Among other things, the all-new electric car from BMW is made of dried grass.
It's a small item in the total scheme of things, but it is representative of the approach that the Bavarian vehicle manufacturer took in the five years it has been developing the world's newest electric automobile, which had its world introduction here, and in London and Beijing, on Monday.
It's called the i3, and it is what BMW's engineers and designers call a holistic approach to what eventually may become the dominant fuel for automobiles -- but not likely in the lifetimes of older Americans.
Distinguishing the new i3 is its construction, largely of aluminum but with substantial amounts of plastic cladding and carbon fiber, a lightweight and strong material that has been used in race cars and now in Boeing's new state-of-the art 787 Dreamliner airliner.
The dried-grass composite forms the top of the instrument panel. It's exposed in its raw form for all to see.
It's all part of the environmentally friendly statement BMW is making that customers can buy a premium car with all the modern gewgaws that runs exclusively on electricity, though it also can be ordered with a $3,000 onboard, 34-horsepower two-cylinder engine that recharges the batteries on a long trip.
The system is similar to that used on the Chevrolet Volt and is designed to alleviate so-called "range anxiety" -- the worry among some prospective owners that they will be stranded somewhere when the batteries run down.
However, BMW is confident that most buyers will opt for the electric-only models. There are three, with a starting price of $41,275. The base car is called the Mega World, followed by the better-equipped, and more expensive, Giga and Terra World models, for which prices were not announced.
The i3 is a four-passenger, four-door car with the rear doors hinged at the back and a hatchback over the small cargo area, which has just 8 cubic feet of space. There's no spare wheel and the tires are not of the run-flat variety. The owner gets a pump that shoots an adhesive that can temporarily plug a leak. It doesn't work with a blowout.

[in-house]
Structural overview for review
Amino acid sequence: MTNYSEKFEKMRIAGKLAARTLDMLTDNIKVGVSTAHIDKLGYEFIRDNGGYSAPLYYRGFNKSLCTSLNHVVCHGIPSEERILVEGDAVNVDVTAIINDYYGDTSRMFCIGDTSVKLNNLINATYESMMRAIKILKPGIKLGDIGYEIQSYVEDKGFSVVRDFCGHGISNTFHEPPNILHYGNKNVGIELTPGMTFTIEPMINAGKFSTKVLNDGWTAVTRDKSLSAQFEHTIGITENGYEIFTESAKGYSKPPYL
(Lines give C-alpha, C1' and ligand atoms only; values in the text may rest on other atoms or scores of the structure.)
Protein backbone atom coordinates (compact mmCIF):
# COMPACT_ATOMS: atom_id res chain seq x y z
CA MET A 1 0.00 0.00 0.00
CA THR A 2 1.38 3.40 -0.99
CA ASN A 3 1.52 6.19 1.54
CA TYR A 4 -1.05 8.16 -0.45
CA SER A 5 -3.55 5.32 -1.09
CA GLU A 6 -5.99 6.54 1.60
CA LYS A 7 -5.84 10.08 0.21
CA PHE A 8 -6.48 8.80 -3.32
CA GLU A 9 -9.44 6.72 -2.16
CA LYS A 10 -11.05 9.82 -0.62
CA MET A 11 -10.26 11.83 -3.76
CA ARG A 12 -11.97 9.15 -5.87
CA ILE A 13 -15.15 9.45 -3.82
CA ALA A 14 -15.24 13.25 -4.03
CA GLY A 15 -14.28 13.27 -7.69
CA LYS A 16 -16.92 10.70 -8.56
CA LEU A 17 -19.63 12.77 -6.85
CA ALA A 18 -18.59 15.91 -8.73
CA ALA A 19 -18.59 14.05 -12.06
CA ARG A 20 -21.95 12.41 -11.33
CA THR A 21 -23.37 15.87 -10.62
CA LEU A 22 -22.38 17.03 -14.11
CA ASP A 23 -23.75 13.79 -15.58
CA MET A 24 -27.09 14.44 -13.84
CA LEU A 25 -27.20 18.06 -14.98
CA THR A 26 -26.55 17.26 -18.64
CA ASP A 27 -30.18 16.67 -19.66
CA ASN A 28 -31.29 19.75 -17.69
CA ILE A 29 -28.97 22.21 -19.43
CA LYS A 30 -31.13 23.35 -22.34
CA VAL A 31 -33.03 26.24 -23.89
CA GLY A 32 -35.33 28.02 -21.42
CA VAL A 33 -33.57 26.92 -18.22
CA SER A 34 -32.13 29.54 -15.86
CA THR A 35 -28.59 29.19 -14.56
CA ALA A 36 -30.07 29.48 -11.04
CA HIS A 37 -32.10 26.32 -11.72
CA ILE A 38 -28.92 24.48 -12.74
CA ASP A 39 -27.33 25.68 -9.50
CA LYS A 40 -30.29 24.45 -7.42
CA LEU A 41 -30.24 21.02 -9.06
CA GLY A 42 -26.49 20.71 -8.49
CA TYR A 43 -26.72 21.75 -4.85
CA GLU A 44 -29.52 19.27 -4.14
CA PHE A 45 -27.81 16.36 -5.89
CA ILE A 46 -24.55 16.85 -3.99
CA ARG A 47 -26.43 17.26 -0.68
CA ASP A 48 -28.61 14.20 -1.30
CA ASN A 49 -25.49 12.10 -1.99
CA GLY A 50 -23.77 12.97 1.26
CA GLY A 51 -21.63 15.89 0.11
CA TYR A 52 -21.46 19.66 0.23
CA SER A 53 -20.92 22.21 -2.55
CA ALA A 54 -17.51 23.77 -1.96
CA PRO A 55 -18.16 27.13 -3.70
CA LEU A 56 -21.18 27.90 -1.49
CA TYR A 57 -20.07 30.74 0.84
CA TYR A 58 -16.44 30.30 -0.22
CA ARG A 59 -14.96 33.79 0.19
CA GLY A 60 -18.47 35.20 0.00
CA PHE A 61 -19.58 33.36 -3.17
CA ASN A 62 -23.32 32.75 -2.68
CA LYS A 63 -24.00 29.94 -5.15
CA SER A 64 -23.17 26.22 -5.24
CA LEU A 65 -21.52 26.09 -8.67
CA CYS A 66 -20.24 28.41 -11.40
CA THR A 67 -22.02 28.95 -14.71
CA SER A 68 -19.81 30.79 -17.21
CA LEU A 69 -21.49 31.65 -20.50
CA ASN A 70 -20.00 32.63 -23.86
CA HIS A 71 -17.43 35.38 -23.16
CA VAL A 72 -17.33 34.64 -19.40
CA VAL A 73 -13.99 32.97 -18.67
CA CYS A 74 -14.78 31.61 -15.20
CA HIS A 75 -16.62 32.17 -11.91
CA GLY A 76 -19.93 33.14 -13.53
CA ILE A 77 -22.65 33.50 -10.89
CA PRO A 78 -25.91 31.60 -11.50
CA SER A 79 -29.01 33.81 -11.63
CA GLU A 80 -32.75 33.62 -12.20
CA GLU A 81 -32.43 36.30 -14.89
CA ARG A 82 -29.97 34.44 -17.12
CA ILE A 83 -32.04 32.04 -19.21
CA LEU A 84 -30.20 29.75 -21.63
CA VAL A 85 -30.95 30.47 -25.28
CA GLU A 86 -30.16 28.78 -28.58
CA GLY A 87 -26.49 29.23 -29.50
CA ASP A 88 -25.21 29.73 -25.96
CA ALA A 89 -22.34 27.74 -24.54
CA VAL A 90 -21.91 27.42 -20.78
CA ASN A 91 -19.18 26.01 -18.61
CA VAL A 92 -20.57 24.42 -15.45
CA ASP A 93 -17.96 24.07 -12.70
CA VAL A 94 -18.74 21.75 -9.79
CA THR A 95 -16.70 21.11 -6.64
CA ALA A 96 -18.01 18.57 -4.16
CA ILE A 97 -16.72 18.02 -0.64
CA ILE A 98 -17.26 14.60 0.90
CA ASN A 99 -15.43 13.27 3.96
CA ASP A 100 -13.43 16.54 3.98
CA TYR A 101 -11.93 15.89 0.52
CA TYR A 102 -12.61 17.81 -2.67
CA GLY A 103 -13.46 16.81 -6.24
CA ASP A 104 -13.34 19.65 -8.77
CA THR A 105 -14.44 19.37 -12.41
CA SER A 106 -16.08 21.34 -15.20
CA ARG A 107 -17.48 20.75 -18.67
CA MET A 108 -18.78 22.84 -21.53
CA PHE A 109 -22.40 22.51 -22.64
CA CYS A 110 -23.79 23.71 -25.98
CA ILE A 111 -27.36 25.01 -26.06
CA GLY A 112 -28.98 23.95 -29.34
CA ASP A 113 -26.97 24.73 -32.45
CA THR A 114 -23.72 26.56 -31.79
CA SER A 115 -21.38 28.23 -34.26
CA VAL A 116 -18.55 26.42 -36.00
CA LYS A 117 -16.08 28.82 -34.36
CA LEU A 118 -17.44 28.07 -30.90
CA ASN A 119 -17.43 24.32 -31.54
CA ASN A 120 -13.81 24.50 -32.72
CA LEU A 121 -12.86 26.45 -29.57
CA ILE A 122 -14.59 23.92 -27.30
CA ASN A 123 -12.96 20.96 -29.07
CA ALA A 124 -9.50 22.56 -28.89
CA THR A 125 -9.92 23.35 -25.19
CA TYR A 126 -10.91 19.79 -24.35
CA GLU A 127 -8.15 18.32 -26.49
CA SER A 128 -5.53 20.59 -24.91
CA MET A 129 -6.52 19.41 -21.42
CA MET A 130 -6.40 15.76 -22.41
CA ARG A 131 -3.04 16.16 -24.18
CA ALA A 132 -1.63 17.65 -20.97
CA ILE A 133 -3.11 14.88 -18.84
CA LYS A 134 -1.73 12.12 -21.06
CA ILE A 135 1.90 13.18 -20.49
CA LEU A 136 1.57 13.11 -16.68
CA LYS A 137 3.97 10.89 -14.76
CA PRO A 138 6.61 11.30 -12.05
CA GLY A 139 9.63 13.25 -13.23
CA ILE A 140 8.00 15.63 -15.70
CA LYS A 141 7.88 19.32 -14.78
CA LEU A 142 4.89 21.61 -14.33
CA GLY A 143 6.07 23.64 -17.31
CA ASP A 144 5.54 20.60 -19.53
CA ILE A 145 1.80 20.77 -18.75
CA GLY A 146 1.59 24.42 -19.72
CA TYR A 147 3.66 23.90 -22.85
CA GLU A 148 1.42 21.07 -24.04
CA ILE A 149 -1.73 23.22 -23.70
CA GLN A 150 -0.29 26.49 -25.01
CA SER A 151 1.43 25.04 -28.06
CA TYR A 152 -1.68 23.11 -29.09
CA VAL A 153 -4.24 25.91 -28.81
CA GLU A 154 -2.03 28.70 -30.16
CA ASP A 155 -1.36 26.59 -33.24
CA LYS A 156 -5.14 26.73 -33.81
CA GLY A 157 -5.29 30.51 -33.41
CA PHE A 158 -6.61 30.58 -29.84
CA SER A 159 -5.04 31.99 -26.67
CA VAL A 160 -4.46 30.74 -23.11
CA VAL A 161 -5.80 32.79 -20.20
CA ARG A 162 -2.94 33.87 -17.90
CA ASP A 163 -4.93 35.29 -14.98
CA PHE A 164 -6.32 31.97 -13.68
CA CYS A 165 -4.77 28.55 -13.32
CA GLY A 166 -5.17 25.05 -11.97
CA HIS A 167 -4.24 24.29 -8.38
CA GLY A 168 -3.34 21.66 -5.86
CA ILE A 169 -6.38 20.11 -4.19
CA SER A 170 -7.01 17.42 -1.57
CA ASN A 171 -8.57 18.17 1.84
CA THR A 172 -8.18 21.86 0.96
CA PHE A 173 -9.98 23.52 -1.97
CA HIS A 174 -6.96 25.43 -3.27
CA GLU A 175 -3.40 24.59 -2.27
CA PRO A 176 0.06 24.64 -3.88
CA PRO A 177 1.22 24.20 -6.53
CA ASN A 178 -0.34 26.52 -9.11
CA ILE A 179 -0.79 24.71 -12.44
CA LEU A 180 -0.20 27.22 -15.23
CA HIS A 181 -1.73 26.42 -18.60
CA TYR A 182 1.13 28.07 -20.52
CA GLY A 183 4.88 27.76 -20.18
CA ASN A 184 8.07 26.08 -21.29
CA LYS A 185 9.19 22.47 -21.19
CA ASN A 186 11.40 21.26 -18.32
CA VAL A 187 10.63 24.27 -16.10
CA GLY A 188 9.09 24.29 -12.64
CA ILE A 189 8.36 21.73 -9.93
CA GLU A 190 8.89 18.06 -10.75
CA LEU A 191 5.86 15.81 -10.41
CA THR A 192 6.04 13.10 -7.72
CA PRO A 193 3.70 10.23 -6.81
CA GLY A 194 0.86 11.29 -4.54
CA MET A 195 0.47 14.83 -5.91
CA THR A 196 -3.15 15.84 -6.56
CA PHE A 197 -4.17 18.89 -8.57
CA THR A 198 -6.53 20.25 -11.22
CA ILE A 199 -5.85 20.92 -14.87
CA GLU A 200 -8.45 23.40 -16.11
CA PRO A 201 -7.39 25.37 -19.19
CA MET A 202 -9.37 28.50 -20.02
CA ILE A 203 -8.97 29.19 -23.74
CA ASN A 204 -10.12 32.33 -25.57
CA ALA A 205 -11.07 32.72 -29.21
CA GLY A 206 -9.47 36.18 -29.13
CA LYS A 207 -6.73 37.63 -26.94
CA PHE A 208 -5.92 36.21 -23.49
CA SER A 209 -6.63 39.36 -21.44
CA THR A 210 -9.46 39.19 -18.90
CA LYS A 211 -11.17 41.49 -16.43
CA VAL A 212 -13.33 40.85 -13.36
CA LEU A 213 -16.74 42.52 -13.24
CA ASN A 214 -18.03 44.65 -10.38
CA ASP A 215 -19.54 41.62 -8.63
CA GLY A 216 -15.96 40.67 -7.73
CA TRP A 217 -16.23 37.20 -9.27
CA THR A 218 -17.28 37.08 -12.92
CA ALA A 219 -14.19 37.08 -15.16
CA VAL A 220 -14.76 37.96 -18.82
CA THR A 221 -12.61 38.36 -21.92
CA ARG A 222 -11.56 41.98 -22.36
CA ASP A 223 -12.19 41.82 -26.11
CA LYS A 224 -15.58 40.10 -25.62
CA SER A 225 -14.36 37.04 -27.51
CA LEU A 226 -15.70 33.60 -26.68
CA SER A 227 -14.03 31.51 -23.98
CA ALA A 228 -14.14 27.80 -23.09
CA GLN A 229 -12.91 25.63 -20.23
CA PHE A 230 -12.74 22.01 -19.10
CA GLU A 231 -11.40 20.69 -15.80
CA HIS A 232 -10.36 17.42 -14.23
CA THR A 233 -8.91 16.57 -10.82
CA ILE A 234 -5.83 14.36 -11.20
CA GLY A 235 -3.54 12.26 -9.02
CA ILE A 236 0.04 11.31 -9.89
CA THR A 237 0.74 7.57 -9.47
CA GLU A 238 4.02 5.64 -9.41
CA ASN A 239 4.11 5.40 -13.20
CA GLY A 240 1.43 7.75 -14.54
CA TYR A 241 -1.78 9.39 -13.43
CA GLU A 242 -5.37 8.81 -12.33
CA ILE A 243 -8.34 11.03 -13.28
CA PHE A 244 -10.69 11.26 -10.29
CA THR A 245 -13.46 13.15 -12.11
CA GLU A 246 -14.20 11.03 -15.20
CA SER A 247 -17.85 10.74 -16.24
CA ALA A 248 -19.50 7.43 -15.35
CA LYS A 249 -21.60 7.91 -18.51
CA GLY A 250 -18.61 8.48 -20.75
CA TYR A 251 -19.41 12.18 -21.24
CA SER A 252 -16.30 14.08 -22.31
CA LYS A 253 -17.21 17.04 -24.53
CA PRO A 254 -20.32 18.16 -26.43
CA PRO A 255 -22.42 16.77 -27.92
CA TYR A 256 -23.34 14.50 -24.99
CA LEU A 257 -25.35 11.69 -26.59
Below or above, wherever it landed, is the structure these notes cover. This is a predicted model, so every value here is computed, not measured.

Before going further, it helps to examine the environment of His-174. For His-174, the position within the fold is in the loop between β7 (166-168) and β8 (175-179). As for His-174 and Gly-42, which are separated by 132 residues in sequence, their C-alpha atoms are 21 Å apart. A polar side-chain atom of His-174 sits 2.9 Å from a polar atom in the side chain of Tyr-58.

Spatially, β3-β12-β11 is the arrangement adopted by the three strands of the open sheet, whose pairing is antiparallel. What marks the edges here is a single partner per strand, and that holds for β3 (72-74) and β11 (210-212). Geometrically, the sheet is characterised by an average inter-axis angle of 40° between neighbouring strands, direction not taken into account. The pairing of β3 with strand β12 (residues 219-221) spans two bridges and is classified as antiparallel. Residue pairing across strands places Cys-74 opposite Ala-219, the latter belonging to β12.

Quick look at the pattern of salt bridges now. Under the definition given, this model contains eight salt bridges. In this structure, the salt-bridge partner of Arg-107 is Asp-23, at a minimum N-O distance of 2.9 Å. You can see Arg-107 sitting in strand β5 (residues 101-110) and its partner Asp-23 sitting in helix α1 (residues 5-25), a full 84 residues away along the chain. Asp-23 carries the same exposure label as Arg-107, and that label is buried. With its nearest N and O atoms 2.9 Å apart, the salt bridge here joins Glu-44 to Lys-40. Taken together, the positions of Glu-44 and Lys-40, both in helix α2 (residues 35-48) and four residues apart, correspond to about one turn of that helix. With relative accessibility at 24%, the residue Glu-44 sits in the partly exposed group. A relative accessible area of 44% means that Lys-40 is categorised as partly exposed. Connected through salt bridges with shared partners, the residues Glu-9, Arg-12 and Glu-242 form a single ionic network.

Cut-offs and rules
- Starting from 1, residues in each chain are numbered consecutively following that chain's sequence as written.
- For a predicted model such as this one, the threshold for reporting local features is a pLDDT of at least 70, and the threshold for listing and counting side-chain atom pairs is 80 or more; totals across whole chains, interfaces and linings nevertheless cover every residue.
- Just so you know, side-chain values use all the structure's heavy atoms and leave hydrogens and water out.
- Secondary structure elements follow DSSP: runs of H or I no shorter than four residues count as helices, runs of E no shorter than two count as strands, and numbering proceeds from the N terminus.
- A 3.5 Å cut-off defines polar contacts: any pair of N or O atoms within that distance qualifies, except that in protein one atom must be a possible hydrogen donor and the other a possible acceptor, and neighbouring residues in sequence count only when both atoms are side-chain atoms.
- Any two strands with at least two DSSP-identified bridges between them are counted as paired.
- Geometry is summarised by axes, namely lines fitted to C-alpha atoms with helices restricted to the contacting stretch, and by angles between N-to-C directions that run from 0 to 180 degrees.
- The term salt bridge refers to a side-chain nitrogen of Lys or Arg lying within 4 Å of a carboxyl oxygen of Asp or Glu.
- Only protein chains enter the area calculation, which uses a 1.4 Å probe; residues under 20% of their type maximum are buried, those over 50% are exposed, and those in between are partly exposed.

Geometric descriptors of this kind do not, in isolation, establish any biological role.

Classified as a compact, the i3 is slightly more than 13 feet long, with passenger space similar to that of BMW's compact 3 Series sedan.
Like other BMWs, it has rear-wheel drive. With its 170-horsepower electric motor, it can accelerate from zero to 60 mph in about seven seconds, with a top speed of about 93 mph.
Because it is electric, maximum torque -- or twisting force -- happens the instant the driver steps on the accelerator pedal. That produces a quick jump off the line. The i3 hits 37 mph in 3.7 seconds, according to BMW.
It has a range, under normal circumstances, of 80 to 99 miles, with up to 200 if the driver feather-foots the throttle. Charging from an ordinary household 110 volt outlet takes about 20 hours.
However, BMW expects that most buyers will also order the company's custom 240-volt charger, which will cost about $3,000 plus installation and can recharge the under-floor battery pack in three hours. A fast 480-volt charger -- available initially only at public charging stations -- can do an 80 percent charge in about 20 minutes. But extensive use of the quick charger can cause battery deterioration.